Government warns of worst drought in more than a decade

LAST UPDATED: 8 Feb, 2008 @ 14:06
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Spain Drought

Agriculture set to be worst hit as country faces summer water restrictions

SPAIN is suffering its worst drought in 12 years, according to the Government.

Speaking in Toledo, officials from the Environment Ministry claim the Mediterranean coast from Catalunya to Algeciras is experiencing “severe water shortages.”

Refusing to rule out water restrictions this summer, Jaime Palop added that Galicia in northern Spain and Extremadura have an “important water deficit.”

“We are not talking about limiting water to those in the worst hit areas yet,” señor Palop said, “but the situation is severe.

“Farmers in parts of Andalucía and Murcia will certainly face water cutbacks,” he added.

A decrease in rainfall between 1971 and 2000 has contributed to the current low reservoir levels, which are at an average capacity of 43.7 per cent.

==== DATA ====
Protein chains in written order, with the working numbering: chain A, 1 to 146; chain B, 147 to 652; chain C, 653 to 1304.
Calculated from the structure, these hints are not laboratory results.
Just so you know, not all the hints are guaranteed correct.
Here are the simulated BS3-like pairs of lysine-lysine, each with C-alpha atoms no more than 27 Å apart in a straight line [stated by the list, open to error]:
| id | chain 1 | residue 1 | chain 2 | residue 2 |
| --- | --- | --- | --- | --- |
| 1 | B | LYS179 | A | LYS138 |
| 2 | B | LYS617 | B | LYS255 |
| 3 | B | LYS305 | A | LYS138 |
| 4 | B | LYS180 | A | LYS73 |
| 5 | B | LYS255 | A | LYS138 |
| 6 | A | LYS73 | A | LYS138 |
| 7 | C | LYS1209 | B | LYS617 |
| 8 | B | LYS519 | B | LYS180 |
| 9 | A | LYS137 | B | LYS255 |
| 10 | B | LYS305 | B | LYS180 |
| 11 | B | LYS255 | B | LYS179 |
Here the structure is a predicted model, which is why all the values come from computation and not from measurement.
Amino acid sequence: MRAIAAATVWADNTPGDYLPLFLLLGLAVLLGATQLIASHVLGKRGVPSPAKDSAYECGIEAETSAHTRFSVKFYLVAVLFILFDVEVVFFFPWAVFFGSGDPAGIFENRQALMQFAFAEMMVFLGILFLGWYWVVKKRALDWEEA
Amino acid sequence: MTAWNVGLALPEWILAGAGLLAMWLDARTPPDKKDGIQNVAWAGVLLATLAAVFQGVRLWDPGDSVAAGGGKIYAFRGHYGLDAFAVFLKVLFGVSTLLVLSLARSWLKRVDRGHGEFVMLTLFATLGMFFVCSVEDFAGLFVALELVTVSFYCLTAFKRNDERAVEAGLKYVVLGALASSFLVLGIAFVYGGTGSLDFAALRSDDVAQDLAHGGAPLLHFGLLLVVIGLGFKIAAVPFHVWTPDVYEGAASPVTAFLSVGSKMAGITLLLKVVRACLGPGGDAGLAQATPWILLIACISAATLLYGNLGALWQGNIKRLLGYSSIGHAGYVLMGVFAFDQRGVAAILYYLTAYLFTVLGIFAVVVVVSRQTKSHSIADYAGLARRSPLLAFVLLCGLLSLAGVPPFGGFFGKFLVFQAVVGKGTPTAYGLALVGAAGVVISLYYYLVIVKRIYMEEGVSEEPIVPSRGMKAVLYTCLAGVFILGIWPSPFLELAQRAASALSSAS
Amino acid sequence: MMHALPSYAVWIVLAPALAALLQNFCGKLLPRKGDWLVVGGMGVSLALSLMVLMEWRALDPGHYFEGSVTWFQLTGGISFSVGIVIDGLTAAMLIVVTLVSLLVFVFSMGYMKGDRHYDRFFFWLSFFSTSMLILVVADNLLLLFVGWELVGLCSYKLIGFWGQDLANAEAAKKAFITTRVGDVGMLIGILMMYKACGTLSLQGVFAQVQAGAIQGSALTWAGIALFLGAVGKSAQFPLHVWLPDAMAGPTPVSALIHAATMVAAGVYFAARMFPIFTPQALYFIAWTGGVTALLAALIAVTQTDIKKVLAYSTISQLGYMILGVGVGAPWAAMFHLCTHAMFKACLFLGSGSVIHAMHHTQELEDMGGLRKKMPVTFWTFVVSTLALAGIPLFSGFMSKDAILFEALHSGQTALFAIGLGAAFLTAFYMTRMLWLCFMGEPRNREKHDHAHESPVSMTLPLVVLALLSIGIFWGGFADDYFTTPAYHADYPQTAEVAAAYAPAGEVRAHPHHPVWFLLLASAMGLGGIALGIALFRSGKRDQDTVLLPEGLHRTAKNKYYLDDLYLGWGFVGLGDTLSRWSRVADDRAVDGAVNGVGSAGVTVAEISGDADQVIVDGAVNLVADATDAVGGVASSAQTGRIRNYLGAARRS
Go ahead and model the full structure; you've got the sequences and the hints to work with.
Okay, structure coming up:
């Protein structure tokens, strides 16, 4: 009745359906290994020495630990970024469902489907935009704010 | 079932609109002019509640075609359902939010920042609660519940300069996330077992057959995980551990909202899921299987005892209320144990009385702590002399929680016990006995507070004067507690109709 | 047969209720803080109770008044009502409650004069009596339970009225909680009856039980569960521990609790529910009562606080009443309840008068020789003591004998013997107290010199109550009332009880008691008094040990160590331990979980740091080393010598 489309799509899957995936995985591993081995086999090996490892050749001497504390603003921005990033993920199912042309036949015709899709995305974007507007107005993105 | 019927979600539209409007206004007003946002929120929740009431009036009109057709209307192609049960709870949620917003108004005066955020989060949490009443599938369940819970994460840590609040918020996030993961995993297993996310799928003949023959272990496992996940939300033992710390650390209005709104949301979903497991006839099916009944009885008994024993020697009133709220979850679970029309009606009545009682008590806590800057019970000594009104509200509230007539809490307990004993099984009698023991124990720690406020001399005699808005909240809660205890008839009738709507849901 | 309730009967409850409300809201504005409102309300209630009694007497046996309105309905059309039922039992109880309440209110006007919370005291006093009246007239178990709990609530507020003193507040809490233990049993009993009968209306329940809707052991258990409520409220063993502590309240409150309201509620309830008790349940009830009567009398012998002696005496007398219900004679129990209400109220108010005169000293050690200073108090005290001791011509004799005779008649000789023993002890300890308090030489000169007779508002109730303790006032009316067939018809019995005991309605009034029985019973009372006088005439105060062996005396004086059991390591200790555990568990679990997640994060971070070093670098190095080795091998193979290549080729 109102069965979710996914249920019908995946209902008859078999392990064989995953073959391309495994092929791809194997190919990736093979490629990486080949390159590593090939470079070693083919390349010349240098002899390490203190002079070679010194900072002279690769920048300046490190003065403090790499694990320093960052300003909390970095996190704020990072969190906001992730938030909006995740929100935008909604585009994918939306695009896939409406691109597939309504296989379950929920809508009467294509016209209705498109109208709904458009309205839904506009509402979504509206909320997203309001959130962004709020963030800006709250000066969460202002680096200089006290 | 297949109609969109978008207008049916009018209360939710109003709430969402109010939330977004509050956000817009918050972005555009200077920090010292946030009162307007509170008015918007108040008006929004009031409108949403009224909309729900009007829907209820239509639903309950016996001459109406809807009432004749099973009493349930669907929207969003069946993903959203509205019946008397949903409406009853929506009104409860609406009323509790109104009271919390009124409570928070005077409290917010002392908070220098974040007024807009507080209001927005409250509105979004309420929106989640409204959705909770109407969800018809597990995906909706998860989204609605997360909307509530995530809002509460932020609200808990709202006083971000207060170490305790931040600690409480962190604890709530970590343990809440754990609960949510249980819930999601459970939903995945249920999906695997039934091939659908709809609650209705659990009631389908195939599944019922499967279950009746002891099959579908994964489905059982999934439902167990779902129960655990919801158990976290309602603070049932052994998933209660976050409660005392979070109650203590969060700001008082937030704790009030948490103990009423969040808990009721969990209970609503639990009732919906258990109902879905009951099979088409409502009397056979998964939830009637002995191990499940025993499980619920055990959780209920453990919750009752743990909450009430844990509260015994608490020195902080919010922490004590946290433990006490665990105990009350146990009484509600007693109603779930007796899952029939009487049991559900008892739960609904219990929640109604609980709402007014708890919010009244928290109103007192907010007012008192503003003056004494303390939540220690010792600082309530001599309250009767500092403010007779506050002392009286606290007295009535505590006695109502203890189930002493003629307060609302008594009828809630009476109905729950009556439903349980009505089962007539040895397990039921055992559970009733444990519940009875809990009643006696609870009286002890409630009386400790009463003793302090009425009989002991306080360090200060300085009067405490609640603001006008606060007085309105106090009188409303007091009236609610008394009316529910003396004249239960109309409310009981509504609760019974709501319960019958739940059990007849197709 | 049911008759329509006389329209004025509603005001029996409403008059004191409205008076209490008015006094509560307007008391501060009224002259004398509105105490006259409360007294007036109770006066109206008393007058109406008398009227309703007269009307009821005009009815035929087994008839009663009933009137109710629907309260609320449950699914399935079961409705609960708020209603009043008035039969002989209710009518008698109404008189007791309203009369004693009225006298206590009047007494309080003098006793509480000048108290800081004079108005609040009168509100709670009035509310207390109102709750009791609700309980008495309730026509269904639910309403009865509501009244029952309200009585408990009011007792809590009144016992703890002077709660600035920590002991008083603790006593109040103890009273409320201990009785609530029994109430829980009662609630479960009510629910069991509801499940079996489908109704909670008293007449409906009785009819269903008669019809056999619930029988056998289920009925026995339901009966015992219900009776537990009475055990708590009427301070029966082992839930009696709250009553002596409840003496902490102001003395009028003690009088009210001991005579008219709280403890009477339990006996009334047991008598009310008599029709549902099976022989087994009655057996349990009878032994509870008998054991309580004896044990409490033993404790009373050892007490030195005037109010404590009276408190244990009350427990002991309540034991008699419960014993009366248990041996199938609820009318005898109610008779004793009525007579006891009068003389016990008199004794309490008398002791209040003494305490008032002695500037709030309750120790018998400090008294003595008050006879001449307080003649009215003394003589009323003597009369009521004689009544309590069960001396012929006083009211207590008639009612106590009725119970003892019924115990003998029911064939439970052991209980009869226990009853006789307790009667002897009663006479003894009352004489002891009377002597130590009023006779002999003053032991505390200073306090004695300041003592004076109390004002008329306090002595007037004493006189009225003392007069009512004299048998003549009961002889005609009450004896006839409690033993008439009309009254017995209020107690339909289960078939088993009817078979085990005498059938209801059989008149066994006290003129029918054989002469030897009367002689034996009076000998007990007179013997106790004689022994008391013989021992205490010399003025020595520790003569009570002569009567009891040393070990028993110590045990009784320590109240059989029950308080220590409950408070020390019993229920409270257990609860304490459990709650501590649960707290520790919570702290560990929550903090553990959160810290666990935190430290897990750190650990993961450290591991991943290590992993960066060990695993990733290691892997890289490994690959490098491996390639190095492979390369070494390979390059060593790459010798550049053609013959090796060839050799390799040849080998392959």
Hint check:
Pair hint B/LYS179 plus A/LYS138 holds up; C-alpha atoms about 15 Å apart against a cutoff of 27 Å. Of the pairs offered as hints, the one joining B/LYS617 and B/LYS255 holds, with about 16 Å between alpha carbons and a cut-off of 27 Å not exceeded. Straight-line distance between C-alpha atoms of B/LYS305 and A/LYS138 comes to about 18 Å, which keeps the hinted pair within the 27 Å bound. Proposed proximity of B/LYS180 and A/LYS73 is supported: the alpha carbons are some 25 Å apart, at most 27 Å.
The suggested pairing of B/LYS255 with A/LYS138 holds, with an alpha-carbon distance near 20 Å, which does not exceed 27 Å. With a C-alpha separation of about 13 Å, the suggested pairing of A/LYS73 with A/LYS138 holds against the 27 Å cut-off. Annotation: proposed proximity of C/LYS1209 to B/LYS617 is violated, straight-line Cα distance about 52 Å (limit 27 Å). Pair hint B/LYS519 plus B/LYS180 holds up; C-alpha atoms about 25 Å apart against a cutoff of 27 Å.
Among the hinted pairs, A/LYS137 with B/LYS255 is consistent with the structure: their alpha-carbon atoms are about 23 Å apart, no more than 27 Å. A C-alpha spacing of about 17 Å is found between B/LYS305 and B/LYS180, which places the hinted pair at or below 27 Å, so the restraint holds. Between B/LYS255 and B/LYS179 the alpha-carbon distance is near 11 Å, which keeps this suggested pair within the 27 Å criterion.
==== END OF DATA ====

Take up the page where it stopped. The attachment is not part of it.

In Granada, a province that has been “extremely dry” in the past 37 years, certain reservoirs stand at less than the national average.

Bermejales near Alhama de Granada has 45 cubic hectometres of water (capacity of 102.6hm3) while Rules inland from the Costa Tropical has 7hm3 (42hm3).

In Málaga, a 20 per cent decrease in rainfall last year has led to water shortages in the province. At Viñuela in the Axarquia area, the reservoir is currently storing 42hm3 (170hm3). At Guadalhorce, levels stand at 14.4hm3 (126hm3).

Meanwhile, the driest region in Europe is set to supply water to drought-stricken Catalunya. Officials in Barcelona plan to ship in water from a desalination plant at Carboneras, Almería, to avert water cuts.

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